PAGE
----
More likely, the government will continue to spend and create money out of thin air.  If and when the economy shows another recession (did the first one ever end?), the Fed will most likely choose the wrong path of more inflation.  This will make things worse still.  It would be wise to prepare for massive inflation in the next several years.

It is unlikely that we will see hyperinflation.  We probably won’t see price inflation of 100% per year.  We could easily see price inflation of 20% per year.  The future is unpredictable and you never know what will happen, but it is unlikely that the Fed will go to hyperinflation because they will destroy themselves and the banks in the process.  The most likely scenario is high inflation, followed by a severe recession or depression (call it what you want).  It might play out like the 1970’s and early 80’s, but more severe.

Just remember, the damage has already been done.  There are bad investments that need to be liquidated.  There needs to be a shifting of resources and we need people to save and invest, which is the basis of growth.  The government should allow this to take place.  It will probably do a lot more damage before it does.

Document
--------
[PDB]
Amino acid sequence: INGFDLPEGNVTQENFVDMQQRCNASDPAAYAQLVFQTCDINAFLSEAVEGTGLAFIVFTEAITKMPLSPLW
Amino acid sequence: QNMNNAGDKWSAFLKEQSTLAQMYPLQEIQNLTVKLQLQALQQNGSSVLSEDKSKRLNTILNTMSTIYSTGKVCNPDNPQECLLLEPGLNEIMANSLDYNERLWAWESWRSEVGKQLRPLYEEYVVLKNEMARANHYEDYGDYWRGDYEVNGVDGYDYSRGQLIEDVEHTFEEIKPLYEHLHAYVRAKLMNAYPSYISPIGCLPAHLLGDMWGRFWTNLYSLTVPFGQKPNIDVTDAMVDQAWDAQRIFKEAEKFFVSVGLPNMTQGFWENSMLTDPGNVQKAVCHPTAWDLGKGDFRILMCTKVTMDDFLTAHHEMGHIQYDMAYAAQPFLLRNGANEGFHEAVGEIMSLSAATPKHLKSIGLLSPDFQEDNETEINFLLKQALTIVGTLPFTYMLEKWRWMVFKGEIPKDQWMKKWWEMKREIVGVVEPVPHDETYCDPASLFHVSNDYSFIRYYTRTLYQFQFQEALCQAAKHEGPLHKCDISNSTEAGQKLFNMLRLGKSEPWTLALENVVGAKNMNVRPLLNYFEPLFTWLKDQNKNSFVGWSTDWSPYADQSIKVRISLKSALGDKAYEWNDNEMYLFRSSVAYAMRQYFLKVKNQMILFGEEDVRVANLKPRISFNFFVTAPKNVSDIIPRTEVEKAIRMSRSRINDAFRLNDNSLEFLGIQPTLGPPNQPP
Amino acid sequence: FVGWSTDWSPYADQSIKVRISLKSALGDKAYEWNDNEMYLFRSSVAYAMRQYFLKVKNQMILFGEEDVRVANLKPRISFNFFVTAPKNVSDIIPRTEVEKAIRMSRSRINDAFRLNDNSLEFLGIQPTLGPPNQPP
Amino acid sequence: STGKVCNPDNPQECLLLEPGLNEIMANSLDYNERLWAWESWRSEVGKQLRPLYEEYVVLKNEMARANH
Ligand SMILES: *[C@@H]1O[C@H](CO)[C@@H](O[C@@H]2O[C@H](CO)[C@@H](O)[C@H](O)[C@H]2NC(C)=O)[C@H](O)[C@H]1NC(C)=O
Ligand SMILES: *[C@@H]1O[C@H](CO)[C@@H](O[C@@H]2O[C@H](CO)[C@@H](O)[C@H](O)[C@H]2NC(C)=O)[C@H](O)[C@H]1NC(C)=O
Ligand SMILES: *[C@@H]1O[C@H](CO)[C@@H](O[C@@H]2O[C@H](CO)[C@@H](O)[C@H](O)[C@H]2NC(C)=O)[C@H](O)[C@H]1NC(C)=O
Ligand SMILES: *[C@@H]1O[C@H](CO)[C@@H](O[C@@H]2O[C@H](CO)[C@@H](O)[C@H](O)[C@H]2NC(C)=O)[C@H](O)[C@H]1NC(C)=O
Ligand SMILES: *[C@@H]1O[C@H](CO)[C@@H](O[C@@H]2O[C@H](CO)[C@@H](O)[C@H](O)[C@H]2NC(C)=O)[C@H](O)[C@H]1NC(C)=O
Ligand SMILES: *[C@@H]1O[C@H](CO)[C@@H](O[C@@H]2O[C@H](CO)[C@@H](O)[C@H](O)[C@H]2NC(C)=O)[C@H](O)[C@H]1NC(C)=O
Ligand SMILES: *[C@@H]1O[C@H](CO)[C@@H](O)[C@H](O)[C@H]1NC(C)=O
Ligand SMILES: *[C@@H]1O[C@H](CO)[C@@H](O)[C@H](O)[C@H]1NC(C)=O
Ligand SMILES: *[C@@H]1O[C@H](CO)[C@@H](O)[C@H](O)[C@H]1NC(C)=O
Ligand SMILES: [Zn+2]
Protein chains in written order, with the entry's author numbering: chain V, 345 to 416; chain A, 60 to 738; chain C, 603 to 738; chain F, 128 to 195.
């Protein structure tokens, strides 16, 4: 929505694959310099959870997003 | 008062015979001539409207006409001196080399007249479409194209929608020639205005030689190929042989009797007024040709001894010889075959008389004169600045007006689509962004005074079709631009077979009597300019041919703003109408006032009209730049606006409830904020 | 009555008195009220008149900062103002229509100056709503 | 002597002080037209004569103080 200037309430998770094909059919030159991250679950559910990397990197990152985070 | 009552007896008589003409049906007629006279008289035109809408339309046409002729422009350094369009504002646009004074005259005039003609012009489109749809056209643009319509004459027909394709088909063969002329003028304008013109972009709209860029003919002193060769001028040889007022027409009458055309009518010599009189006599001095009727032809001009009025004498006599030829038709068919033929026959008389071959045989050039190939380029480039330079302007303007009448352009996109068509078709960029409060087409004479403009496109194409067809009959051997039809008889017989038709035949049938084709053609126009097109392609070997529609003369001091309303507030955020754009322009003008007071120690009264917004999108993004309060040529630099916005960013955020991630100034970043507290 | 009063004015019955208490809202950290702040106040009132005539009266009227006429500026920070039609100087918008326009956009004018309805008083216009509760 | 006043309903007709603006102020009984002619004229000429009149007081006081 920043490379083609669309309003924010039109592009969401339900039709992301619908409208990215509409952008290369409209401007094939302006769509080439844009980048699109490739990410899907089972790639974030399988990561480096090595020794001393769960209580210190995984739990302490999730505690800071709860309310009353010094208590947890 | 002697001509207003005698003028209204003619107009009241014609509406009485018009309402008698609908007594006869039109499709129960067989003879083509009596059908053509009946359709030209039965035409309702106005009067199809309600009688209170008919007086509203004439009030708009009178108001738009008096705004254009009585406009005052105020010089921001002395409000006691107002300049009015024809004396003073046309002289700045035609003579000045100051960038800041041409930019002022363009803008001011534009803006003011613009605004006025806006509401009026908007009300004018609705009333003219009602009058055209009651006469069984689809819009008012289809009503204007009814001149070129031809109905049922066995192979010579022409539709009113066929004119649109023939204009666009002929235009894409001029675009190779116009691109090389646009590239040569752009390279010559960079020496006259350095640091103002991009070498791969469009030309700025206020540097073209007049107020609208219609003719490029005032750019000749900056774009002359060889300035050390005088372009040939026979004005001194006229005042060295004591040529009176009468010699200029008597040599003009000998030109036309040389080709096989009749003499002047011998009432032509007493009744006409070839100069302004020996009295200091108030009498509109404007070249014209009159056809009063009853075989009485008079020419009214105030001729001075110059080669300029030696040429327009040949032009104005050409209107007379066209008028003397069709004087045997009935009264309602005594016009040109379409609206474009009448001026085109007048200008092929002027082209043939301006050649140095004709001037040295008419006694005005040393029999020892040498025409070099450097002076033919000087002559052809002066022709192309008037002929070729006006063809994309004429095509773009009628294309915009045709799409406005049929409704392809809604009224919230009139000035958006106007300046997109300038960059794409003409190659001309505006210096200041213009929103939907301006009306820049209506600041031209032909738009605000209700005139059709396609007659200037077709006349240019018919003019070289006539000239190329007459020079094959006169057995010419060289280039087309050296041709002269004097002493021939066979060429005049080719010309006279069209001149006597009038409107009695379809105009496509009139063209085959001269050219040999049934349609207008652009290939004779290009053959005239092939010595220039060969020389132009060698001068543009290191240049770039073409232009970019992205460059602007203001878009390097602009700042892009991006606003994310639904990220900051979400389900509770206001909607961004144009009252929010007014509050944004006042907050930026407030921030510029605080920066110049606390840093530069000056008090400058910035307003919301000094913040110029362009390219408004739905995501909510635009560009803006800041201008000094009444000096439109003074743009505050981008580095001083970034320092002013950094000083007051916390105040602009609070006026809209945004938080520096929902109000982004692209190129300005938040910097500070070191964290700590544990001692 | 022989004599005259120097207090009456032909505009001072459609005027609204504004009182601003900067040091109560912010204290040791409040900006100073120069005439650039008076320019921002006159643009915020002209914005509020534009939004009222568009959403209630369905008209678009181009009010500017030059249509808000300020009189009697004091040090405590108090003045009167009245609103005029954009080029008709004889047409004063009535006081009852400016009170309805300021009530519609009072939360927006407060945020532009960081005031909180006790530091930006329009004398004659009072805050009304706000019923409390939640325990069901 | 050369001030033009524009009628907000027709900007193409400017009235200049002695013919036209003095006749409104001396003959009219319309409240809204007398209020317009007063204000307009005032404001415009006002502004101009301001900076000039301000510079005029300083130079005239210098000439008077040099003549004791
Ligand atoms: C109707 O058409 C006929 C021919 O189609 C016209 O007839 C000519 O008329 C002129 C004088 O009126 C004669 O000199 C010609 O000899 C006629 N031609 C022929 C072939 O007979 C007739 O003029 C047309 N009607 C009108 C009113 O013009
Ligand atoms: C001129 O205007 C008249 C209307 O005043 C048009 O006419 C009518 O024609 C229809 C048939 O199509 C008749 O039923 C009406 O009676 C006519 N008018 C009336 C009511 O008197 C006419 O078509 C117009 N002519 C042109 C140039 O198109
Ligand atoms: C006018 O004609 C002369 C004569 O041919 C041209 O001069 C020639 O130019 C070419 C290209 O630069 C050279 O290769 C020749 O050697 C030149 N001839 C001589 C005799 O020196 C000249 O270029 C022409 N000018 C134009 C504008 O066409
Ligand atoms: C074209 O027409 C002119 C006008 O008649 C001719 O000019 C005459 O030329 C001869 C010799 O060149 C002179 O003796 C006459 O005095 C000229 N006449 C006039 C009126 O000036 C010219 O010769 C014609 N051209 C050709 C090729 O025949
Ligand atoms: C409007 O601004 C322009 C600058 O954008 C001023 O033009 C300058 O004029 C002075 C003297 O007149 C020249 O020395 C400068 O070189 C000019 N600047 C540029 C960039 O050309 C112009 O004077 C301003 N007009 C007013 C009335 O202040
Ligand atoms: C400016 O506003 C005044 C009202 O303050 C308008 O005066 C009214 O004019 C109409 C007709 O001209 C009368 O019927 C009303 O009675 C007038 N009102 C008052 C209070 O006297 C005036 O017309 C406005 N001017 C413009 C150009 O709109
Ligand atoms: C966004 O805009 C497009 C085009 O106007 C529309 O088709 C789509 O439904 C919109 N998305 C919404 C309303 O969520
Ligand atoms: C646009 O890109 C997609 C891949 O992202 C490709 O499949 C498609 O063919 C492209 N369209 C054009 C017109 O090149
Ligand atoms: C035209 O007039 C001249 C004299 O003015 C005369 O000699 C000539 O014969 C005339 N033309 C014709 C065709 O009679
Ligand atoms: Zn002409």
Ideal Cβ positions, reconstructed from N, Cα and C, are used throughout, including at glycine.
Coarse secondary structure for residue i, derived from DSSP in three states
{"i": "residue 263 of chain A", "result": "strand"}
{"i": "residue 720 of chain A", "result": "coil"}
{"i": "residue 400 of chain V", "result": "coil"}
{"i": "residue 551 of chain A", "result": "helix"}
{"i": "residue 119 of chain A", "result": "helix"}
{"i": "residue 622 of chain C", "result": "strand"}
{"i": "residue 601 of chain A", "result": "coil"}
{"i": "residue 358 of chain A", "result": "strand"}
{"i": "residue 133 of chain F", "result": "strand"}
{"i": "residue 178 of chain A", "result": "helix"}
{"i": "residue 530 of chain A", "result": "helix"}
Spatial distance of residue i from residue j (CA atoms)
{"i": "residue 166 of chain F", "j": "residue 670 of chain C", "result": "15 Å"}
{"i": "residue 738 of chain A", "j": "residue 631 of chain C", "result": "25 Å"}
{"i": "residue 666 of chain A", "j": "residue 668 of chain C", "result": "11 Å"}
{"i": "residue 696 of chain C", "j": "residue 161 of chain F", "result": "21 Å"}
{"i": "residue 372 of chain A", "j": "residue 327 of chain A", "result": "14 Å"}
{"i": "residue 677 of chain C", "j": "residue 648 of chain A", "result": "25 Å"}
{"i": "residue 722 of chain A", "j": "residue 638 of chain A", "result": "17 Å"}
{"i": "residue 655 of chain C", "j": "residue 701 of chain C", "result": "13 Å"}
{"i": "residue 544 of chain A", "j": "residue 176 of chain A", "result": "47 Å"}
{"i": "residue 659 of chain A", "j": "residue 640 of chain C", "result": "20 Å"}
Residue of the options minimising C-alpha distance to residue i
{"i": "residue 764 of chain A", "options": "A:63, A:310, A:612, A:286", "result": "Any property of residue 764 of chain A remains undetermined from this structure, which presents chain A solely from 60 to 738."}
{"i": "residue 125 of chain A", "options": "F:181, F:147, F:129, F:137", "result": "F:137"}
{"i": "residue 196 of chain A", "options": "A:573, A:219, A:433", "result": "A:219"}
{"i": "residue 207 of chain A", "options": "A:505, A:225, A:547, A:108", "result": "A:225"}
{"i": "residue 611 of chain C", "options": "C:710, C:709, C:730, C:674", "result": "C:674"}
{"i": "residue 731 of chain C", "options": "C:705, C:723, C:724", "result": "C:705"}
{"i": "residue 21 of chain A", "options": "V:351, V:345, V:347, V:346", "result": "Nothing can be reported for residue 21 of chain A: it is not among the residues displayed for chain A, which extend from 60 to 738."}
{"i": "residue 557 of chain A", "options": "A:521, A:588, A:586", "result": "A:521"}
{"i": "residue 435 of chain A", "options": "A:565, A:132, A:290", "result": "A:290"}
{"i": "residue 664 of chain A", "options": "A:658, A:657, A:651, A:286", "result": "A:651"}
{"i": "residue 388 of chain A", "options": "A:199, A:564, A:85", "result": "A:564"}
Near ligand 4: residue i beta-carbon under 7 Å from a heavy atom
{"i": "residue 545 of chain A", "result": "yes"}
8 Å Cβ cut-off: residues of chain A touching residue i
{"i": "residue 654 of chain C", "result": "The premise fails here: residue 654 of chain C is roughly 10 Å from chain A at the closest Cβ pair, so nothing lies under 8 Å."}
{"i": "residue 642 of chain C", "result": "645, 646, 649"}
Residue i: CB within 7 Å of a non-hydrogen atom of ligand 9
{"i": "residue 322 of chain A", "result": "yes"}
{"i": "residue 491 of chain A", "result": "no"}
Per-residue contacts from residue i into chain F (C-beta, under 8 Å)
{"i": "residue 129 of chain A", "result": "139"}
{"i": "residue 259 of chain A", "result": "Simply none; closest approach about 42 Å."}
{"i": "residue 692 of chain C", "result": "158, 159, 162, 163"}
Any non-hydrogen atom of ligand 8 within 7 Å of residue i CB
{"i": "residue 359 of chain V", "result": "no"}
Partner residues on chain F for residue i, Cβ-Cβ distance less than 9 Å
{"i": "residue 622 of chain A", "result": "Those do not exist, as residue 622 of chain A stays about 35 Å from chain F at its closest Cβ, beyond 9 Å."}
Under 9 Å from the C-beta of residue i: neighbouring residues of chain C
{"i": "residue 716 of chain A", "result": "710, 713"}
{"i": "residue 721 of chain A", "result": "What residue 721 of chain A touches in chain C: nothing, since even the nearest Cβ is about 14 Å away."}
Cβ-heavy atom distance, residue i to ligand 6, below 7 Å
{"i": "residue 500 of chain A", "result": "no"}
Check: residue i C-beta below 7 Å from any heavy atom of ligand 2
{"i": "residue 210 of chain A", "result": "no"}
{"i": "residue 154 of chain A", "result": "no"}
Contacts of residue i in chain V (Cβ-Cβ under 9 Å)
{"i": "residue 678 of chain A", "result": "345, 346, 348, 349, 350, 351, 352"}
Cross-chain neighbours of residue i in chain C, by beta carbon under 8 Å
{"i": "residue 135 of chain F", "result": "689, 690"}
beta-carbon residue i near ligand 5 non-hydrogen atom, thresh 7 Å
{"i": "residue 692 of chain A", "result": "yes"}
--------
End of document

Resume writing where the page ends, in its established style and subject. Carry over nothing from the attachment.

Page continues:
Rumor has it that Cramer on CNBC is advocating holding some gold positions in your portfolio.  If ever there was a perma-bull, it is Cramer, and even he is concerned and cautious about the stock market.  The Dow is hanging just above 10,000 right now.  If you have any money in stocks that you care about, you should get it out, unless it is balanced with other investments like bonds.  If you have any more than 25% of your portfolio in stocks right now, you are taking a big gamble.  There is a lot of malinvestment in the economy and it is trying to fix itself.  The government is not allowing the fix to take place.

Although we may still see rallies, it is unlikely that stocks are going much higher from here in the short-term.  The only thing that can drive them a lot higher is massive inflation.  In that case, you are better off in other investments anyway.

The future is unpredictable and anything can happen, but stocks are not looking good right now.  When Cramer is cautious about stocks, that means “sell, sell, sell”.

Japan and Deflation

If you pay much attention to the financial news, you will hear how we (meaning Americans) don’t want to end up like Japan of the last 10 or 20 years.  If the American economy, in the next ten years, is like Japan’s economy of the last ten years, we will be lucky.